Oncology is a medical specialty that studies, diagnoses, and treats cancer. An oncologist is a doctor who specialises in cancer treatment.
Oncologists must first detect cancer using biopsy, endoscopy, X-ray, CT scanning, MRI, PET scanning, ultrasound, or other radiological procedures. Nuclear medicine, as well as blood tests and tumour markers, can be used to diagnose cancer. Hematology, the branch of medicine that deals with blood and blood-related illnesses, is frequently associated with oncology.
Once a diagnosis has been made, the oncologist will discuss the patient’s disease stage with them. The cancer’s stage will determine how it is treated. Chemotherapy and radiation therapy, both of which are defined as the elimination of cancer cells, may be employed. Tumors are removed through surgery. Certain forms of malignancies are treated with hormone therapy, and monoclonal antibody treatments are becoming more prevalent. Cancer vaccines and immunotherapies are still being researched. Oncology palliative care addresses pain and other cancer symptoms.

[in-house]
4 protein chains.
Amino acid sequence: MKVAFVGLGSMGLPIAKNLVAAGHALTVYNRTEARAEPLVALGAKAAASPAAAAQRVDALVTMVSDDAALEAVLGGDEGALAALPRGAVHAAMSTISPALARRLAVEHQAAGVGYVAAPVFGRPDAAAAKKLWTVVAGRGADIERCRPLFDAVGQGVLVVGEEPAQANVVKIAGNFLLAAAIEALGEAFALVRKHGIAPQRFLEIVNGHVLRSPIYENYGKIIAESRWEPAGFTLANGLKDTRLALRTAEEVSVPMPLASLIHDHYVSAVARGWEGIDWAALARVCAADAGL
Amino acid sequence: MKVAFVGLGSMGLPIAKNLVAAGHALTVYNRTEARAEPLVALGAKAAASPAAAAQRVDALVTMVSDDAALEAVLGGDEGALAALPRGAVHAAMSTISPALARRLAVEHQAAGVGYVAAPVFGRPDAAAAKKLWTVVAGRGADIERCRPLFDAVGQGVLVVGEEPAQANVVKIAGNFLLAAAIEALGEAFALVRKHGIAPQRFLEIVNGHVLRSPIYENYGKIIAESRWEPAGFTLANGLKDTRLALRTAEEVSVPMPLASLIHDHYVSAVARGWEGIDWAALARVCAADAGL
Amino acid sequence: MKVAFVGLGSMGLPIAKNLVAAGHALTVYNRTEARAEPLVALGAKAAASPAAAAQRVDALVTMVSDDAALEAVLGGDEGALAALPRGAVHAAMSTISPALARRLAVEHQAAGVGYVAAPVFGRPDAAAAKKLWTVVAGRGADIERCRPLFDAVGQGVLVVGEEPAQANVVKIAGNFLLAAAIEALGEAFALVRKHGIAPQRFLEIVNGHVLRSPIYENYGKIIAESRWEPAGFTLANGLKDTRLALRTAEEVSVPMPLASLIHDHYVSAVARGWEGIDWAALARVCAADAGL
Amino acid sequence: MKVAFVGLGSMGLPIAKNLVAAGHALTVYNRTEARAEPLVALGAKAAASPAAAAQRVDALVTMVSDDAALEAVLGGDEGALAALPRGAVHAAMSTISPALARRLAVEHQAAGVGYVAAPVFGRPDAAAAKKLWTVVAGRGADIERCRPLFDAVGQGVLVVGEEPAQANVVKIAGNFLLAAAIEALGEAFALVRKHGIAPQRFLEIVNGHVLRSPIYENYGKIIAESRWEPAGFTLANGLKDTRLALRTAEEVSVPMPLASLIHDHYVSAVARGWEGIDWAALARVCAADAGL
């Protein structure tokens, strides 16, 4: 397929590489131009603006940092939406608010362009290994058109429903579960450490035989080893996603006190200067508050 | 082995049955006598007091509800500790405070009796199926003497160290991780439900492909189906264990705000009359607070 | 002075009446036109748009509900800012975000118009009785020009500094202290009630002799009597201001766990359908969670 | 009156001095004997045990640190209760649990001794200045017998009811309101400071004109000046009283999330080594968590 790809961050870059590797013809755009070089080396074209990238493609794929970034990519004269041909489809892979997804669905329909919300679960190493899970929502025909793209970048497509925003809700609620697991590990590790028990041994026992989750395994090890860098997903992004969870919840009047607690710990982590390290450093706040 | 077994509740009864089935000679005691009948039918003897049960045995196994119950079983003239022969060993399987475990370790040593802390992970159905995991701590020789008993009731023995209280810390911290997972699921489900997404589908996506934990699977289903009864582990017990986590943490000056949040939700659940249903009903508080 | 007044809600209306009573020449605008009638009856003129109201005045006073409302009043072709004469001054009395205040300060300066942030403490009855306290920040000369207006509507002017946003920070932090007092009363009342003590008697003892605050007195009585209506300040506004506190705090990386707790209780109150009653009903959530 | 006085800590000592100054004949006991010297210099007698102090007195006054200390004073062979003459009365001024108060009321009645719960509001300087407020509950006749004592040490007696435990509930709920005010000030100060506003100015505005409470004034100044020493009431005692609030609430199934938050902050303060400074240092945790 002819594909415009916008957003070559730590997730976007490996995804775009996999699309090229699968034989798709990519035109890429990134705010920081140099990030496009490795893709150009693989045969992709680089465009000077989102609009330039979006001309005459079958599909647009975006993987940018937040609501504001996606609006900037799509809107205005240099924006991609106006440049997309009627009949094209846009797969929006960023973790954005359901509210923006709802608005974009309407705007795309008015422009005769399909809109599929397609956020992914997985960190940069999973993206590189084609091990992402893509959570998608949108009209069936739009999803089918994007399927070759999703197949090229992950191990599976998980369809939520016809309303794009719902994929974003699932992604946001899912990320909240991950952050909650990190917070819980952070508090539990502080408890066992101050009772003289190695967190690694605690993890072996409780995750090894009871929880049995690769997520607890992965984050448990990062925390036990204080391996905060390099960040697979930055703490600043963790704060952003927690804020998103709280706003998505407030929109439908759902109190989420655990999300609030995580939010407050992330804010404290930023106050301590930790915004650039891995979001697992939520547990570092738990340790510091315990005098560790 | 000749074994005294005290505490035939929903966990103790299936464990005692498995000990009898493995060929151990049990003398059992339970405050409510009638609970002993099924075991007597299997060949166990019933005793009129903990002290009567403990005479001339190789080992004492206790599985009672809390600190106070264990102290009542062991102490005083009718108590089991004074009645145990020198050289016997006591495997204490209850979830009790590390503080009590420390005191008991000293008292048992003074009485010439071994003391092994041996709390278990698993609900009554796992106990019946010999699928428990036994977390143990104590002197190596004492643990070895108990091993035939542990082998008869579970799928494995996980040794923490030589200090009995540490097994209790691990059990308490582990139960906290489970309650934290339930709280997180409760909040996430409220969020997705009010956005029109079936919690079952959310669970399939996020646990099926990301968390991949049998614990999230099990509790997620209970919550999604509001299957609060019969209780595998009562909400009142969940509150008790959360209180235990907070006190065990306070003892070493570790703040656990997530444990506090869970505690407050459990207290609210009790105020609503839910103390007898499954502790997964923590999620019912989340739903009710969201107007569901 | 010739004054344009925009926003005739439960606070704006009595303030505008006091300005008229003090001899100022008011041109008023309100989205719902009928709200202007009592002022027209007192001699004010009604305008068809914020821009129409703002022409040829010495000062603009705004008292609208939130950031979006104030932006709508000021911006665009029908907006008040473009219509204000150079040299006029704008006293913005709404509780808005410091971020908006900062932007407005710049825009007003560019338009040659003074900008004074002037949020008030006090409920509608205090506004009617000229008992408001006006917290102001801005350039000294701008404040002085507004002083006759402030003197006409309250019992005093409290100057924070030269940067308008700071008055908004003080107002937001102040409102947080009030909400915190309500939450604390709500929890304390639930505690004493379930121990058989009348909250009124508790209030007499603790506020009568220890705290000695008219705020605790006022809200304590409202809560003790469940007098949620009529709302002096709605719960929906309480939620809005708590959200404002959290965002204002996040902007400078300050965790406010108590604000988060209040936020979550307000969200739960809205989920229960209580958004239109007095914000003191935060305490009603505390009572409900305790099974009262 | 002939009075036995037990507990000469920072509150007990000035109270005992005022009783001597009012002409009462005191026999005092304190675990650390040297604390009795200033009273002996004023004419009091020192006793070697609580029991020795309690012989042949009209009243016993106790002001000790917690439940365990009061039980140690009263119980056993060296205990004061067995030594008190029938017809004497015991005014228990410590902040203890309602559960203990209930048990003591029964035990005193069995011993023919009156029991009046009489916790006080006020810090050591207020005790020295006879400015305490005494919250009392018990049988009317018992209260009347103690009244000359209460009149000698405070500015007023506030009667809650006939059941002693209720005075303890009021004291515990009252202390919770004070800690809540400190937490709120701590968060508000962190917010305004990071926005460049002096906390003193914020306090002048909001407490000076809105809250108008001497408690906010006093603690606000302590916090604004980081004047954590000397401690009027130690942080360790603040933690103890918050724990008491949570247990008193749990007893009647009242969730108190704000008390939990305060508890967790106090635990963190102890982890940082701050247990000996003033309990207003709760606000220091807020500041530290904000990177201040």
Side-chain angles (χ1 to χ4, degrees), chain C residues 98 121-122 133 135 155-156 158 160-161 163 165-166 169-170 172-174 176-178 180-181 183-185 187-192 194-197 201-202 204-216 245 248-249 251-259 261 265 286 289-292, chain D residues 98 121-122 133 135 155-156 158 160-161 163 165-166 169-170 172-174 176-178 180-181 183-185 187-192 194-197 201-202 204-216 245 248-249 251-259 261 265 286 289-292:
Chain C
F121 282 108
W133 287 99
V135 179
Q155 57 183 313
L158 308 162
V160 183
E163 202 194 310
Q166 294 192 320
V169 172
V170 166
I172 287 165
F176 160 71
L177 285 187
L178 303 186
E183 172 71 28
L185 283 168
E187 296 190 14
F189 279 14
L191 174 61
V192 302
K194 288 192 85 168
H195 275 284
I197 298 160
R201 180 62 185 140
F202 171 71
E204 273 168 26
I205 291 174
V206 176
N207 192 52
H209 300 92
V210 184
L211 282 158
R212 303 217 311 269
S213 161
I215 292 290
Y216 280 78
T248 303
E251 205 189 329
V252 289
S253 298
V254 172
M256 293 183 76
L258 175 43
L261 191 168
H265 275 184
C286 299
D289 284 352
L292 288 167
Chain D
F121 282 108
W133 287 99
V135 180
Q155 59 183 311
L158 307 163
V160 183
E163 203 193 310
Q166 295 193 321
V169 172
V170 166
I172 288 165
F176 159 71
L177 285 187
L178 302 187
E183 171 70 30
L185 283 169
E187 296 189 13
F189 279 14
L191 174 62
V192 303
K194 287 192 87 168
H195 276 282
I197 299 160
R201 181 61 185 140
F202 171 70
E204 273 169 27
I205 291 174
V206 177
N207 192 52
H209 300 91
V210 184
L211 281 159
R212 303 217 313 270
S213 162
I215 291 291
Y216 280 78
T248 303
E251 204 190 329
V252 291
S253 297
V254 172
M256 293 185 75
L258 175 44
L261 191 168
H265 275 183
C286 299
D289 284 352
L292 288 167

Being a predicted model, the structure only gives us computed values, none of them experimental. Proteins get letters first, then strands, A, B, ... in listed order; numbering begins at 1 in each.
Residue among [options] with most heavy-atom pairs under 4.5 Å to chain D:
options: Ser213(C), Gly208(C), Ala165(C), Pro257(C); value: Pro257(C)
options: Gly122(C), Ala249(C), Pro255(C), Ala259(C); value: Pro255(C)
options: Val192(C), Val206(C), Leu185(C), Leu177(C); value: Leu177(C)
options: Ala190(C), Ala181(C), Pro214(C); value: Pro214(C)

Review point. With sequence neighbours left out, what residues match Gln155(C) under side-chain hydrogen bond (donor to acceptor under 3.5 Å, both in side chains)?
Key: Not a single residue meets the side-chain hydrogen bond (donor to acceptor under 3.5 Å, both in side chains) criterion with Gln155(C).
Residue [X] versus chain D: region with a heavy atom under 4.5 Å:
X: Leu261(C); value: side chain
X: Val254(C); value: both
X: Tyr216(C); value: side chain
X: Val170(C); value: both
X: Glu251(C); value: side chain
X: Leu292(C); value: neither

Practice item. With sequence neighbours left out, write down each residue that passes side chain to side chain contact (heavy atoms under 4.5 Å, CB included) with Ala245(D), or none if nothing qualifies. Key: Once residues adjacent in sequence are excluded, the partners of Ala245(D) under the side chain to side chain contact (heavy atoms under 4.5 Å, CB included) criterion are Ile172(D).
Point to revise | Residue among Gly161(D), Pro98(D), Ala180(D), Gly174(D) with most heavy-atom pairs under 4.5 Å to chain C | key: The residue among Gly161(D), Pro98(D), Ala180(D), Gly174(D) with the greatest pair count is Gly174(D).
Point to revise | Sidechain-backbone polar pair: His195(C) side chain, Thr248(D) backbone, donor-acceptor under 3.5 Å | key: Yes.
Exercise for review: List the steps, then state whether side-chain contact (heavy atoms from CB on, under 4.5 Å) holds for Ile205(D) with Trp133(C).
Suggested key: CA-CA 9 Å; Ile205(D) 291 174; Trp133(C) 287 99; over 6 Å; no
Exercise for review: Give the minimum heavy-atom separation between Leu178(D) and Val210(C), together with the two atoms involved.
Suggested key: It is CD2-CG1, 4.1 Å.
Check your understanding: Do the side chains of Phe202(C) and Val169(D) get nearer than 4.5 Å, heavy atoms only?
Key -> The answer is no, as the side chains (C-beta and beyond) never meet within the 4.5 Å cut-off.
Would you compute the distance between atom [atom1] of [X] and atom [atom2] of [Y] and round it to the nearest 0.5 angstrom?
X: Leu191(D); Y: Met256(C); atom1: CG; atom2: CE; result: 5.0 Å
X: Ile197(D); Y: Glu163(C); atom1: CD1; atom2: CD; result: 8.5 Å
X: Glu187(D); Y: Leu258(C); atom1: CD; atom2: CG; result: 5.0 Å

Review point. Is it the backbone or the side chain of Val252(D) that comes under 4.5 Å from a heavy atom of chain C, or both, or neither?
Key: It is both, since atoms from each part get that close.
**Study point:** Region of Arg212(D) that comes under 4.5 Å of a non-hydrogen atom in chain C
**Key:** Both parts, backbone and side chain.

The Care Team
Cancer is frequently treated in a collaborative effort including at least two or three types of oncologists, such as medical, surgical, or radiation oncologists. A pathologist, a diagnostic radiologist, or an oncology nurse may be part of the oncology treatment team. The oncology care team may consult a tumour board, which is made up of several medical experts from all relevant fields, in the event of a new or difficult-to-treat case of cancer. The tumour board examines the case and makes a recommendation for the patient’s cancer treatment.